In this blog post, I would like to apply Bernd Brabec de Mori’s (2015) theory on how unspoken music can affect people, to a case study. The case study for this comparative analysis will be the music duo Dead Can Dance.
First, let me briefly give some background knowledge of this duo. In 1981 Brendan Perry and Lisa Gerrard came together and formed the group Dead Can Dance (“Into The Labyrinth Press-Kit”, n.d.; McFarlane, 1999). Music critics often try to categorize their music, while they state themselves that this cannot be done. They describe their music as a refusal to conform to musical trends and instead describe it as a genre that encompasses just any style that enables expression. These adopted styles come from all over the world. They use, among others, African, Gaelic and Middle Eastern styles (McFarlane, 1999). In addition, the music of the group is characterized by Lisa Gerrard singing in glossolalia (see video below), which is the singing or speaking in unknown words often practiced in religious traditions (Spiros, 2008; Diliberto, 2012).
Video. Dead Can Dance – Anabasis
I will apply De Mori’s theory specifically to Gerrard’s glossolalia, so first I will elaborate a bit more on that. In several religious cultures, glossolalia is considered to be an instrument of song spiritualization rather than an aesthetic feature of the music (Kavan, 2004, pp. 171; Endong, 2015, pp. 14). Although Lisa Gerrard’s use of glossolalia in her music is related to the expression of a religious message, it is not the same (Göransson, 2019). In fact, she specifically disagrees with the idea of religion. Gerrard says that the words that she sings do not have a specific meaning, but when she sings them, she wants to convey the message that God is present without the need for religion. She believes that people should find their own personal spiritual way towards a personal relationship with God without the help of religious institutions. Thus, the words Gerrard sings do not necessarily have meaning as the words of a normal language have (i.e. every word literally means something), but the combination of words has an overall meaning, that of the need of a personal spiritual journey. Gerrard adds to this by saying that any sound she produces has meaning, no matter the sound (4AD, 2007, 4:25). This indicates that aside from the overall meaning she tries to convey, Gerrard also thinks that every sound she makes is meaningful apart from the word itself. Therefore, we could say that Gerrard does not sing in words, but in sounds. While she admits that her sounds have meaning, she never ascribes any meaning to them. This is because her singing is a feeling from her personal spiritual journey to a relationship with God and love (“Fifteen Questions Interview”, n.d.). By never ascribing any literal meaning to the words but by using the sounds to show her relationship with God and the love she feels, she tries to inspire her audience to find their own spiritual journey (Göransson, 2019).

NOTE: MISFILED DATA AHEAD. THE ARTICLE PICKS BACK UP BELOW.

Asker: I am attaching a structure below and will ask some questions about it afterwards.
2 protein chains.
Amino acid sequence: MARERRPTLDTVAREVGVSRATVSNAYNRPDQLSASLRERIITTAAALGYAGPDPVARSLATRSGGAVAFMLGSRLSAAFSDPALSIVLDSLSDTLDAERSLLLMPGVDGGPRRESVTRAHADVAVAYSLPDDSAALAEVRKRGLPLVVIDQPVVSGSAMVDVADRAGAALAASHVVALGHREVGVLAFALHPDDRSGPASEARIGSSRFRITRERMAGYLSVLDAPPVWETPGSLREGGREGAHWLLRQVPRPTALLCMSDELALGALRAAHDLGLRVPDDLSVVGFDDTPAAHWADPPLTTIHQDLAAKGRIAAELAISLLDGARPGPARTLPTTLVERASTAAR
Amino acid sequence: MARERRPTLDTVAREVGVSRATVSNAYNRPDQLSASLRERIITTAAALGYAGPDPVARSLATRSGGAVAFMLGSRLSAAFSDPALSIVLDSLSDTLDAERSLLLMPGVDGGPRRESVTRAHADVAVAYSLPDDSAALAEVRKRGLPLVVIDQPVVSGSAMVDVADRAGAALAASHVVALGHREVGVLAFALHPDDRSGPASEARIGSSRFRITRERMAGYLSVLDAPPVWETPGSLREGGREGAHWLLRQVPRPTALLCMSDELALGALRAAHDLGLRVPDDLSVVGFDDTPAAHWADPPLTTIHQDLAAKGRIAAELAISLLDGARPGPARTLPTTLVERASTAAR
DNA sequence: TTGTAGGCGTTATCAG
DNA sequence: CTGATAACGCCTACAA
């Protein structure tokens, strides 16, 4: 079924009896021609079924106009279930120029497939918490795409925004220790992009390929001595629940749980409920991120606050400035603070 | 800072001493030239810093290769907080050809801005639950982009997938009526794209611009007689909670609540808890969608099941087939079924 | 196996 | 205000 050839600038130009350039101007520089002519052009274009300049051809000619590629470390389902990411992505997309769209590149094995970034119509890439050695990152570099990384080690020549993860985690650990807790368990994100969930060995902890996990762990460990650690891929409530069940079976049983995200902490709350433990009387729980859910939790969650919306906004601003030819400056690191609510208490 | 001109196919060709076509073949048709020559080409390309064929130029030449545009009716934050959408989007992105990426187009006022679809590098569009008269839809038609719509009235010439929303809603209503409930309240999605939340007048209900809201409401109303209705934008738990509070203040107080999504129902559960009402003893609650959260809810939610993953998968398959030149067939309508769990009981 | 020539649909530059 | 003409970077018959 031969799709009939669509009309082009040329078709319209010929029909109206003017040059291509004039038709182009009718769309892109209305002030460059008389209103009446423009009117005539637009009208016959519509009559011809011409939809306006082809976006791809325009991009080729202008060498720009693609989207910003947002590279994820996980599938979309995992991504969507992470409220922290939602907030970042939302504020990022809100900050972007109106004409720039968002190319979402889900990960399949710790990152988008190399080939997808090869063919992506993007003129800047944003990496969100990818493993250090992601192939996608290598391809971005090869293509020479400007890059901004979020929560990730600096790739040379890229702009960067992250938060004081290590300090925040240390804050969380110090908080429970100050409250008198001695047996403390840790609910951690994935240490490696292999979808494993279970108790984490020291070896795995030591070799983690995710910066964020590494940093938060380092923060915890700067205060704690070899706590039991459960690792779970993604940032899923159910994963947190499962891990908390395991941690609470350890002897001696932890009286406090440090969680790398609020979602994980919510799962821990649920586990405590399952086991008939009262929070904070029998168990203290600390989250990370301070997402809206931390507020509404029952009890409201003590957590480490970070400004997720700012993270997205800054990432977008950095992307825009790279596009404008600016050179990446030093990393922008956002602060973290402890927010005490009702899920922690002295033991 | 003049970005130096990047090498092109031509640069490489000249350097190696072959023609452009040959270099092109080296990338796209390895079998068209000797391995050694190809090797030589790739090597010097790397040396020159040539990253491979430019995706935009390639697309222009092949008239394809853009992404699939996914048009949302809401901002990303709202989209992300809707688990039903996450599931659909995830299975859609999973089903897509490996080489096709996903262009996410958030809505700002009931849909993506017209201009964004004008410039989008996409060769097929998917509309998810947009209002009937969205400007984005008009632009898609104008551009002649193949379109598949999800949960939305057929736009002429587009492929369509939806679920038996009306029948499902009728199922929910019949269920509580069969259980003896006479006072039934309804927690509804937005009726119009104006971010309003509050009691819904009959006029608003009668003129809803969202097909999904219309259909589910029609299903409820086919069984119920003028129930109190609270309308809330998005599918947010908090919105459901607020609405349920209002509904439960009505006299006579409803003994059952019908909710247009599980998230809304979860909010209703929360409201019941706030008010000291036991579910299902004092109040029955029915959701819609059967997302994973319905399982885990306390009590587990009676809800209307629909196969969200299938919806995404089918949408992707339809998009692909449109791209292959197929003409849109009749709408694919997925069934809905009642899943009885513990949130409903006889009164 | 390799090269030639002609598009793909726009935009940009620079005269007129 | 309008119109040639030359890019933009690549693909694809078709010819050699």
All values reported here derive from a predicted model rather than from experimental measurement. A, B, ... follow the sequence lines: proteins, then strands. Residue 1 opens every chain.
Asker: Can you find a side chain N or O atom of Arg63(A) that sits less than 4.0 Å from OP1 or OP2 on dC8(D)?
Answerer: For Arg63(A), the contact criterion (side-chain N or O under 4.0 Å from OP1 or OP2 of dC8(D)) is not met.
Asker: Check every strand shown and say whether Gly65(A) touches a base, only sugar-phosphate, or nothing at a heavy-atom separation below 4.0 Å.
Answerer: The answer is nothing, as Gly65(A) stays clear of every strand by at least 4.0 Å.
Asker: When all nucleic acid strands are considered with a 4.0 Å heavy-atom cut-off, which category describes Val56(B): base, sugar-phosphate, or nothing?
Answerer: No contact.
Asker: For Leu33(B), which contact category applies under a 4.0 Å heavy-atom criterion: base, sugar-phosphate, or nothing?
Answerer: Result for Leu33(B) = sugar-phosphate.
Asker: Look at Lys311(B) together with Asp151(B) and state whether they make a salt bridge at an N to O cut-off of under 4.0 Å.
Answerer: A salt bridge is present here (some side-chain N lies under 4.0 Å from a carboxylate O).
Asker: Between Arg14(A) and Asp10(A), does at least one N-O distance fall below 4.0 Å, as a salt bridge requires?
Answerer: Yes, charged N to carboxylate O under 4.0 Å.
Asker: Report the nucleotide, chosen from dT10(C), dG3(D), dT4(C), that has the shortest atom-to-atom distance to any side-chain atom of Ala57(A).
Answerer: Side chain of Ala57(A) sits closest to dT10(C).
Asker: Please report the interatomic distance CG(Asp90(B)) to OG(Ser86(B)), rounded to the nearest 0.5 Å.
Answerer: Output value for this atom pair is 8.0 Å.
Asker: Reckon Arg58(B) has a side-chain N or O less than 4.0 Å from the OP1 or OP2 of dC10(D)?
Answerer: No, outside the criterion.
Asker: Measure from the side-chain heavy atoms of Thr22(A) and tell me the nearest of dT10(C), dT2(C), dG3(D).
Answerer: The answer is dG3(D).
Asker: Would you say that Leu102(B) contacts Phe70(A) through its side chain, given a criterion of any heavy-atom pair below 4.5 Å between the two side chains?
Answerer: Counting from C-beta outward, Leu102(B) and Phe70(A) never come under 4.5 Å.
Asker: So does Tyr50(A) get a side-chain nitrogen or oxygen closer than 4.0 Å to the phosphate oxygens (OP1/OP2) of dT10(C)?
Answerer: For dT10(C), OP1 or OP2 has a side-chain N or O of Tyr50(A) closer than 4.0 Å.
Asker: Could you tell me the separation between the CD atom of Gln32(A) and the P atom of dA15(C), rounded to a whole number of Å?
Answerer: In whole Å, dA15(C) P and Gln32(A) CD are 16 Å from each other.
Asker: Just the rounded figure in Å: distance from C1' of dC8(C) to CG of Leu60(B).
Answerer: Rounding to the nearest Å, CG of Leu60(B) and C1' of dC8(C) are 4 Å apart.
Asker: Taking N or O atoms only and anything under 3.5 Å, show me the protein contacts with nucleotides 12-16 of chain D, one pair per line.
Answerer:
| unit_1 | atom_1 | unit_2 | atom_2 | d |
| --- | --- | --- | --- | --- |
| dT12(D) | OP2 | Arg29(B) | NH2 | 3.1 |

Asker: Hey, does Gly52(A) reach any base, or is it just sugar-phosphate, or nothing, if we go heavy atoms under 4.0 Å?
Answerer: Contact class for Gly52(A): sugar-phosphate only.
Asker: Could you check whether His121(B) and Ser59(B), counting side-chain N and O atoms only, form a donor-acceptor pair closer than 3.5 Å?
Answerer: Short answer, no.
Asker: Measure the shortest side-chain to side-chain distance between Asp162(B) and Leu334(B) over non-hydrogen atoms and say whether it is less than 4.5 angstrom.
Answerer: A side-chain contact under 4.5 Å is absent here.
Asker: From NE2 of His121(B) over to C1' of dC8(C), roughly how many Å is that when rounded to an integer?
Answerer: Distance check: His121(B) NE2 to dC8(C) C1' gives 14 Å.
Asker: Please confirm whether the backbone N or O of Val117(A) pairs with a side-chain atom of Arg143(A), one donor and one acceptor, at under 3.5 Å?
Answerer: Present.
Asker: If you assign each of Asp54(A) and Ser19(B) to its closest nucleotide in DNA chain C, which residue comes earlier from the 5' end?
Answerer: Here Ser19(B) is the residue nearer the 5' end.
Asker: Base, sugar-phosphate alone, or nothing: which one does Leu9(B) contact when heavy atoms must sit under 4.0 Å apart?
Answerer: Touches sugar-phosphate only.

Before linking the music of Dead Can Dance to De Mori’s theory, I will first explain what De Mori has to say about unspoken music. In his article ‘Sonic Substances and Silent Songs’, De Mori (2015) analyzes indigenous ritual music that is used during healing sessions. To heal a person, a song is sung so that the music can enter the body, manipulating internal physiological processes (De Mori, 2015, pp. 27, 37). Even after the song is sung, the music works inside the body. The song can be transferred in two ways: out loud or in the mind (called think-sings) (Ibid., pp. 30). Even when the song is sung in the mind of the healer, the song has an effect in the body of the patient. De Mori explains the effect of these think-sings by stating that the sounds and words they produce in their mind exist although they do not sound at the very moment of chanting. Without any physical waves, the song travels from the healer’s mind to the body of the patient where it is contained.
The glossolalia of Gerrard can be compared to the think-sings De Mori speaks of. In both situations, an incomprehensible song is sung with the intention to help another. I must add here that I mean incomprehensible in the sense that the sounds cannot be literally translated into any given language. The think-sings stay secret until they are sung out loud (which changes the character of the song) and the glossolalia songs of Lisa are in a language no one knows. Despite this incomprehensibility, in both situations, the singer tries to transfer the words to the listener so that the words can work inside the listener to heal or inspire. That the message of the words of Gerrard work inside the body of the perceiver is confirmed by many listeners as the music of Dead Can Dance is mostly described as spiritual (Brazier, 2018; Göransson, 2019). So, without knowing the actual meaning of Gerrard’s words, the audience knows that these words are the embodiment of spirituality.